Save on contactless debit card transaction costs

Running a business? Ringing up lots of payments? Least Cost Routing (LCR) could lower the cost of accepting debit cards, helping your business save money.

Lower cost of acceptance adds up to business savings.
Transaction security isn’t compromised.
Tried and tested with over 90,000 Aussie merchants.

What is Least Cost Routing?

Even if transaction costs are small, they can really add up. We don’t want you to pay more than you have to, which is why we offer Least Cost Routing (LCR). This directs all your contactless debit card payments to the most cost effective channel - and it means you could reduce your contactless debit transaction costs.

How it works

Around 70% of Australian transactions are made with debit cards¹ - and more than 35 million of these debit cards are contactless-enabled ‘dual network’ cards². Dual network means they can be used to make transactions through eftpos, or an international payment scheme. When your business is LCR-enabled and a customer taps a dual network card, the transaction will automatically be routed through the most cost-effective network.


Wondering what you could save?

Here’s some examples of what businesses are saving with Least Cost Routing enabled.

Proven solution

Average basket size = $44
Savings = $26,568 p.a.*

Reduced costs

Average sale = $36
Savings = $3,188 p.a.*

¹ Kateryna Occhiutto, ‘The Cost of Card Payments for Merchants’ (Bulletin ISSN 1837–7211 (Online), Reserve Bank of Australia, March 2020) [20].
² Source: eftpos statistics correct as at December 2020.
* Source: Based on RBA Payment Statistics provided in the RBA Bulletin, June 2021 and eftpos analysis.

How do I get started?

Questions to ask your bank to get the ball rolling.

Questions to ask
  • I’d like to find out about Least Cost Routing (or Merchant Choice Routing) for my business. Who’s the best person to talk to?
  • Do you have a guide to help me understand my merchant statement?
  • Can you explain how my fees are currently structured, and what I’m paying?
  • If my fees are bundled, can you break them out so I can see debit and credit separately?
  • If I choose to route my contactless debit card transactions via eftpos, will I save on fees?
  • Can we go through a realistic scenario to test this out?
  • If I want to implement Least Cost Routing, will a pricing review need to happen – and is my current structure l likely to change?
  • Are my terminals eligible for Least Cost Routing?
  • If not, what will be involved in an upgrade?
  • If I have multiple terminals, can I implement Least Cost Routing on just one of them?
  • Or does it have to be done across the board? What else is involved in implementing Least Cost Routing and how long does it take?
Get in touch
Do you have a query about Least Cost Routing? We’re here to help – just drop us a line.


What is Least Cost Routing?
Least Cost Routing (LCR), also known as Merchant Choice Routing, allows retailers and merchants to channel contactless transactions from dual network debit cards via the lowest cost payment network (in most cases eftpos). You can find more info here.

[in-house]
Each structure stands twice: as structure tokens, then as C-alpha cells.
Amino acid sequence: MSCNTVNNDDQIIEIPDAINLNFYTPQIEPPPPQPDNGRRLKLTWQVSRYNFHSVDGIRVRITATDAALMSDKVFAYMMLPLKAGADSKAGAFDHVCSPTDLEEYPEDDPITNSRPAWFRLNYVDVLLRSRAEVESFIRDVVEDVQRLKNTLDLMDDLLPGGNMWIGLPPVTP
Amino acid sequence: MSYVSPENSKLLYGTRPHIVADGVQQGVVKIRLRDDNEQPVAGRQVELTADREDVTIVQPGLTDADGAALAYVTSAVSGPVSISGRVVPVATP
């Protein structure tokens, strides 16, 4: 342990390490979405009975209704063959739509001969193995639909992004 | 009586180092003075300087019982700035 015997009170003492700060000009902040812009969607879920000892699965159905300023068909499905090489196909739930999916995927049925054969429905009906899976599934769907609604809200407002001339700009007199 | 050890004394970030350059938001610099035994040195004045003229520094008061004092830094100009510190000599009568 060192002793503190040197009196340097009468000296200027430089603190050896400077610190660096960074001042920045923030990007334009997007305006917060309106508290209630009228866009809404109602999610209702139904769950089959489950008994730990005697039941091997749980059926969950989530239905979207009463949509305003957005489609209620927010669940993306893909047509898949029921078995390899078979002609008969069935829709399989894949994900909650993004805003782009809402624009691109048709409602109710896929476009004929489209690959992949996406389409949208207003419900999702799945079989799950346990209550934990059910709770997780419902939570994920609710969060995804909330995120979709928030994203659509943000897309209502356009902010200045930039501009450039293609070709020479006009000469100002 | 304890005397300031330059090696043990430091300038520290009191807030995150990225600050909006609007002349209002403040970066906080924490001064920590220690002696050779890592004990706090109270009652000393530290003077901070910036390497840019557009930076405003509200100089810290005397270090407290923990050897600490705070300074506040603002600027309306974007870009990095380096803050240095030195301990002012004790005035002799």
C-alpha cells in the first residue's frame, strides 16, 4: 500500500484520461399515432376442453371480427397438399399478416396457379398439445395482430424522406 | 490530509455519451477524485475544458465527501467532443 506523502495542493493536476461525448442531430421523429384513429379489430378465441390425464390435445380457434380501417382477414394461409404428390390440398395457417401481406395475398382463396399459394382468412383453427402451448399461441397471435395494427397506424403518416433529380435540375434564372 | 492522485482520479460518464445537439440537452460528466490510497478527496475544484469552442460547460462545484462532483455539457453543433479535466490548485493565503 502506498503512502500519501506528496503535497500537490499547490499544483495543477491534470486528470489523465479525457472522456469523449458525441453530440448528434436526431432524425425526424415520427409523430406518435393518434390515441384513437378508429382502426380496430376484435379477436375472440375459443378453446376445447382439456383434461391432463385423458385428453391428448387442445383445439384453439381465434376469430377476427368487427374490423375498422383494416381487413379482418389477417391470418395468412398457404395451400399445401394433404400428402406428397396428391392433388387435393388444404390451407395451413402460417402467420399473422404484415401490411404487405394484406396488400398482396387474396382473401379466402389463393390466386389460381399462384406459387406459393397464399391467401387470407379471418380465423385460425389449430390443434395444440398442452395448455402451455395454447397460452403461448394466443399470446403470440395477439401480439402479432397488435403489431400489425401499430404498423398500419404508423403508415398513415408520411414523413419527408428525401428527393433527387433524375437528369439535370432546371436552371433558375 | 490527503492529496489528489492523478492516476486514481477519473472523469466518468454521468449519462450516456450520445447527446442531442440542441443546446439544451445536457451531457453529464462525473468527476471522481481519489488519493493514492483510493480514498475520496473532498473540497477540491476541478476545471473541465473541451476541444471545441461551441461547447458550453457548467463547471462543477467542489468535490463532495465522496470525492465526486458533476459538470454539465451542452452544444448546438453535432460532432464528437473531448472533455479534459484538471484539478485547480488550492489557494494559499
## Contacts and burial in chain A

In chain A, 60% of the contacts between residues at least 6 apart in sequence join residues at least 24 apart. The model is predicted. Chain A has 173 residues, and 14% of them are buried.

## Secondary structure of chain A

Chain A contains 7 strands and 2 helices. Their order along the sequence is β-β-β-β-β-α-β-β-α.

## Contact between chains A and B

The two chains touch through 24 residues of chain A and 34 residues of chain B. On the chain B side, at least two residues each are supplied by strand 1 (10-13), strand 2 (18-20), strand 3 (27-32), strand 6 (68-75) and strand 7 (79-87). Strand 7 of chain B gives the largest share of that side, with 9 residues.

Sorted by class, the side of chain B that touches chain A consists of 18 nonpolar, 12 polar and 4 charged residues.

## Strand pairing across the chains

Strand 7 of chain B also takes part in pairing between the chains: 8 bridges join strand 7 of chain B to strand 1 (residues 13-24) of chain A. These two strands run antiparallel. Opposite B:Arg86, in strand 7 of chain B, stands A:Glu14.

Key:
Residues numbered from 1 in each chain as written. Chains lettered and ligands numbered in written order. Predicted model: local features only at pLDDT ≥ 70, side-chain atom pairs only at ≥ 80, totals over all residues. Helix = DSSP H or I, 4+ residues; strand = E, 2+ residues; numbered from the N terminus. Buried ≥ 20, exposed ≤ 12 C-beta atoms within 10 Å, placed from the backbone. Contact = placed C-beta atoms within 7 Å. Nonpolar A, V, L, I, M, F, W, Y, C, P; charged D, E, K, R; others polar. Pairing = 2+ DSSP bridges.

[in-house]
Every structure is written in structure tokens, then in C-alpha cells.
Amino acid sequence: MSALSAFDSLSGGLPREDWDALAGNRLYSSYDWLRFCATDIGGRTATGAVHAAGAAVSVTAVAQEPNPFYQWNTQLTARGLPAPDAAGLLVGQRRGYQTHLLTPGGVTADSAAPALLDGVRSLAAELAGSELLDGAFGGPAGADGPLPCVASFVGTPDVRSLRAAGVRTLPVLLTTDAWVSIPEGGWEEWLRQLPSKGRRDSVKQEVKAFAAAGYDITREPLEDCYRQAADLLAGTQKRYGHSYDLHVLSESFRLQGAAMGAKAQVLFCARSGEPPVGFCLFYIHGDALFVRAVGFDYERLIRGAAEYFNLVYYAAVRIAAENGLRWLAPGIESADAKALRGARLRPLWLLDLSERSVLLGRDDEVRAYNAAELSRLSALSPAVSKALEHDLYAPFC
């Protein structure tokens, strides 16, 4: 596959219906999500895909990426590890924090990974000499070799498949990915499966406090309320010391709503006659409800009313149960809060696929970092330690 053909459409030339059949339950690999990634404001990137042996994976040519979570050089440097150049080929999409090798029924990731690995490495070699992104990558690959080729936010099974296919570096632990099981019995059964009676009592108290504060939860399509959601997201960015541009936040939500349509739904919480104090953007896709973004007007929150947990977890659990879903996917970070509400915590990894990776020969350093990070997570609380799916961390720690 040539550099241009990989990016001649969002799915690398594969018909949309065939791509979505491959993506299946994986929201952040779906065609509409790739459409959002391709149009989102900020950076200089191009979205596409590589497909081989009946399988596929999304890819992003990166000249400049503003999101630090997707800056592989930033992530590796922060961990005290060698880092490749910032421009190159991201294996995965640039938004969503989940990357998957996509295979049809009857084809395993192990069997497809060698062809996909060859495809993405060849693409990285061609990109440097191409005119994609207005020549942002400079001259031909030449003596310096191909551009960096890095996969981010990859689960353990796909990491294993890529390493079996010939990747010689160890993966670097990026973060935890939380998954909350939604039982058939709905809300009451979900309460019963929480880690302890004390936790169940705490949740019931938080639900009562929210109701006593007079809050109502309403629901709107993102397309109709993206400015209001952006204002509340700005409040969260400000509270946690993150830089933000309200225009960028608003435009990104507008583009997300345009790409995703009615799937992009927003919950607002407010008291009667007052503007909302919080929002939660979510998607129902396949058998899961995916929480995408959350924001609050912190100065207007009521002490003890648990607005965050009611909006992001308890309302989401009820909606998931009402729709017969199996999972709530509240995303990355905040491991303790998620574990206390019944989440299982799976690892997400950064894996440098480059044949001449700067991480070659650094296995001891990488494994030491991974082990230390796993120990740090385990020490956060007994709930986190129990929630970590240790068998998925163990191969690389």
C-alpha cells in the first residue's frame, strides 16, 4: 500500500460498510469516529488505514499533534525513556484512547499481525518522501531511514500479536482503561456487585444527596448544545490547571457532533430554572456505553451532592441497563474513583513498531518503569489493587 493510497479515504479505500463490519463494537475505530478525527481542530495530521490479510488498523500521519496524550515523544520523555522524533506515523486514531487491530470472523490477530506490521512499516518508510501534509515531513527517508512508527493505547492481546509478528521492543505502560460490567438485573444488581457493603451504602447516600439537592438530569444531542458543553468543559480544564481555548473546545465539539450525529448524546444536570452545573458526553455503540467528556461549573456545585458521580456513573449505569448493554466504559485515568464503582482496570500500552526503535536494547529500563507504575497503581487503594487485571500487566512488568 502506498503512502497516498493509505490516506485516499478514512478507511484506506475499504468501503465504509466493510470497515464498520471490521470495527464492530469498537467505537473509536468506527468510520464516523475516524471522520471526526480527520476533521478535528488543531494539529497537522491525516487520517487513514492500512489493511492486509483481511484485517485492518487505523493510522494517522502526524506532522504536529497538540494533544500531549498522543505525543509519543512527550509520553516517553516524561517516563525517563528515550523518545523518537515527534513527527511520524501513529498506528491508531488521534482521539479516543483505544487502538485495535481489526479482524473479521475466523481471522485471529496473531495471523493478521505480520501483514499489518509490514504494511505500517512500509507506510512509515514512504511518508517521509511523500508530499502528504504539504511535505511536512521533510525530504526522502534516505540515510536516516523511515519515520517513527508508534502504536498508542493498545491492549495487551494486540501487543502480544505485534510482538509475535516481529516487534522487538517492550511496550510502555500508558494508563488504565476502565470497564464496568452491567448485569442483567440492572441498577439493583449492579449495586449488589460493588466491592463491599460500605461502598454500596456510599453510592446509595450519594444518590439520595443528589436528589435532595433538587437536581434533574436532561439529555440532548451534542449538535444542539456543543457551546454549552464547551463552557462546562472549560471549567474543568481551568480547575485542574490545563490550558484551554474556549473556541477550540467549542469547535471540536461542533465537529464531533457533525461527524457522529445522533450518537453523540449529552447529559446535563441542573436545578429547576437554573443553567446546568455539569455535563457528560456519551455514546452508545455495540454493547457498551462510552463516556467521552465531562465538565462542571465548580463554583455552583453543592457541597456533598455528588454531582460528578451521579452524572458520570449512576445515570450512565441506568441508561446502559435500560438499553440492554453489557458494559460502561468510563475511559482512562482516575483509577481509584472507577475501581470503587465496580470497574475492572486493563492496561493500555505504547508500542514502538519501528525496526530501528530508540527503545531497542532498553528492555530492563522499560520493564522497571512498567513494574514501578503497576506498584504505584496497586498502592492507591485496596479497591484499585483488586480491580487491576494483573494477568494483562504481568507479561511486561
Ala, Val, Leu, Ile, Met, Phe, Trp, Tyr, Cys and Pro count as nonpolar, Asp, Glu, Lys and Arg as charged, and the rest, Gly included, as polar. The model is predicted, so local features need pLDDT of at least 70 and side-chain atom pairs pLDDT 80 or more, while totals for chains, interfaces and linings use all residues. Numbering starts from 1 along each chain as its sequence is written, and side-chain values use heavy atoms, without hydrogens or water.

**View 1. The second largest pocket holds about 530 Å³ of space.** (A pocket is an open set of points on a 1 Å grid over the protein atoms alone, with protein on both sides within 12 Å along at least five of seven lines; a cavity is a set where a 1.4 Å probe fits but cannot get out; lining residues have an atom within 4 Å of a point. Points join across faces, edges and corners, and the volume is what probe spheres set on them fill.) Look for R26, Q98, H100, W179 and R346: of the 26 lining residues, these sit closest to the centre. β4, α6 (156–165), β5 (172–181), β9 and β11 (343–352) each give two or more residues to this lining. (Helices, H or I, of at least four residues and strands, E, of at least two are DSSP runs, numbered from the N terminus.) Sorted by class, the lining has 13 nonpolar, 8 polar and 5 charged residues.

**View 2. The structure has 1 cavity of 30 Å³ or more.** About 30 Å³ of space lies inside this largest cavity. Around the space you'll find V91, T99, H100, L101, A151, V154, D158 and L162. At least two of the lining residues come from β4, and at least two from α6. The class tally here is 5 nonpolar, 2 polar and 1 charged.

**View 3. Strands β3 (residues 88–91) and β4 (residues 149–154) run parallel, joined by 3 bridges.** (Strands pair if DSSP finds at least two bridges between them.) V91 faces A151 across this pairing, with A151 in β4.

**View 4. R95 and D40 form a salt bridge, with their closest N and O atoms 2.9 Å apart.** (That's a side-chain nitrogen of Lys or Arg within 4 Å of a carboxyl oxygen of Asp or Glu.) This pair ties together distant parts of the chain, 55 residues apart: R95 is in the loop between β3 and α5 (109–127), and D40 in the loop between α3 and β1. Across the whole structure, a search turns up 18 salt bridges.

How do I put Least Cost Routing in place?
Chat to your bank or card payment services provider, and ask them to give you a proposal that incorporates Least Cost Routing into your current arrangement. Read our guide for what questions to ask your bank.
How much will I save with Least Cost Routing?
Potential savings will vary depending on your situation, and the terms you’ve agreed on with your acquirer (the bank or provider that enables your card payments).
Are chargebacks available?
Yes. For eftpos transactions, chargeback rights cover the full range of losses required by the ePayments Code.
Can I expect technical hitches with Least Cost Routing?
Thousands of merchants across Australia already have Least Cost Routing  successfully up and running, with no discernible difference in how things operate for merchants or customers (apart from the benefits).
What if most of my business transactions are credit, not debit?
Currently Least Cost Routing only applies to dual network debit cards in Australia – so the savings don’t apply to credit card transactions.
Does the Reserve Bank support Least Cost Routing?
The Reserve Bank of Australia has been pushing for Least Cost Routing to be rolled out for a number of years. This is mainly because it supports Australian businesses by boosting competition in the payments space, helping to drive down costs. You can learn more about this here.
Will customers lose any insurance available by using their card (e.g. purchase protection, extended warranty) if their payments are processed using Least Cost Routing?
No, they won’t. While insurances on debit cards are very rare, currently available information suggests they are offered at an account level rather than a network level. That means consumers should still be eligible for insurance benefits offered on dual network cards.

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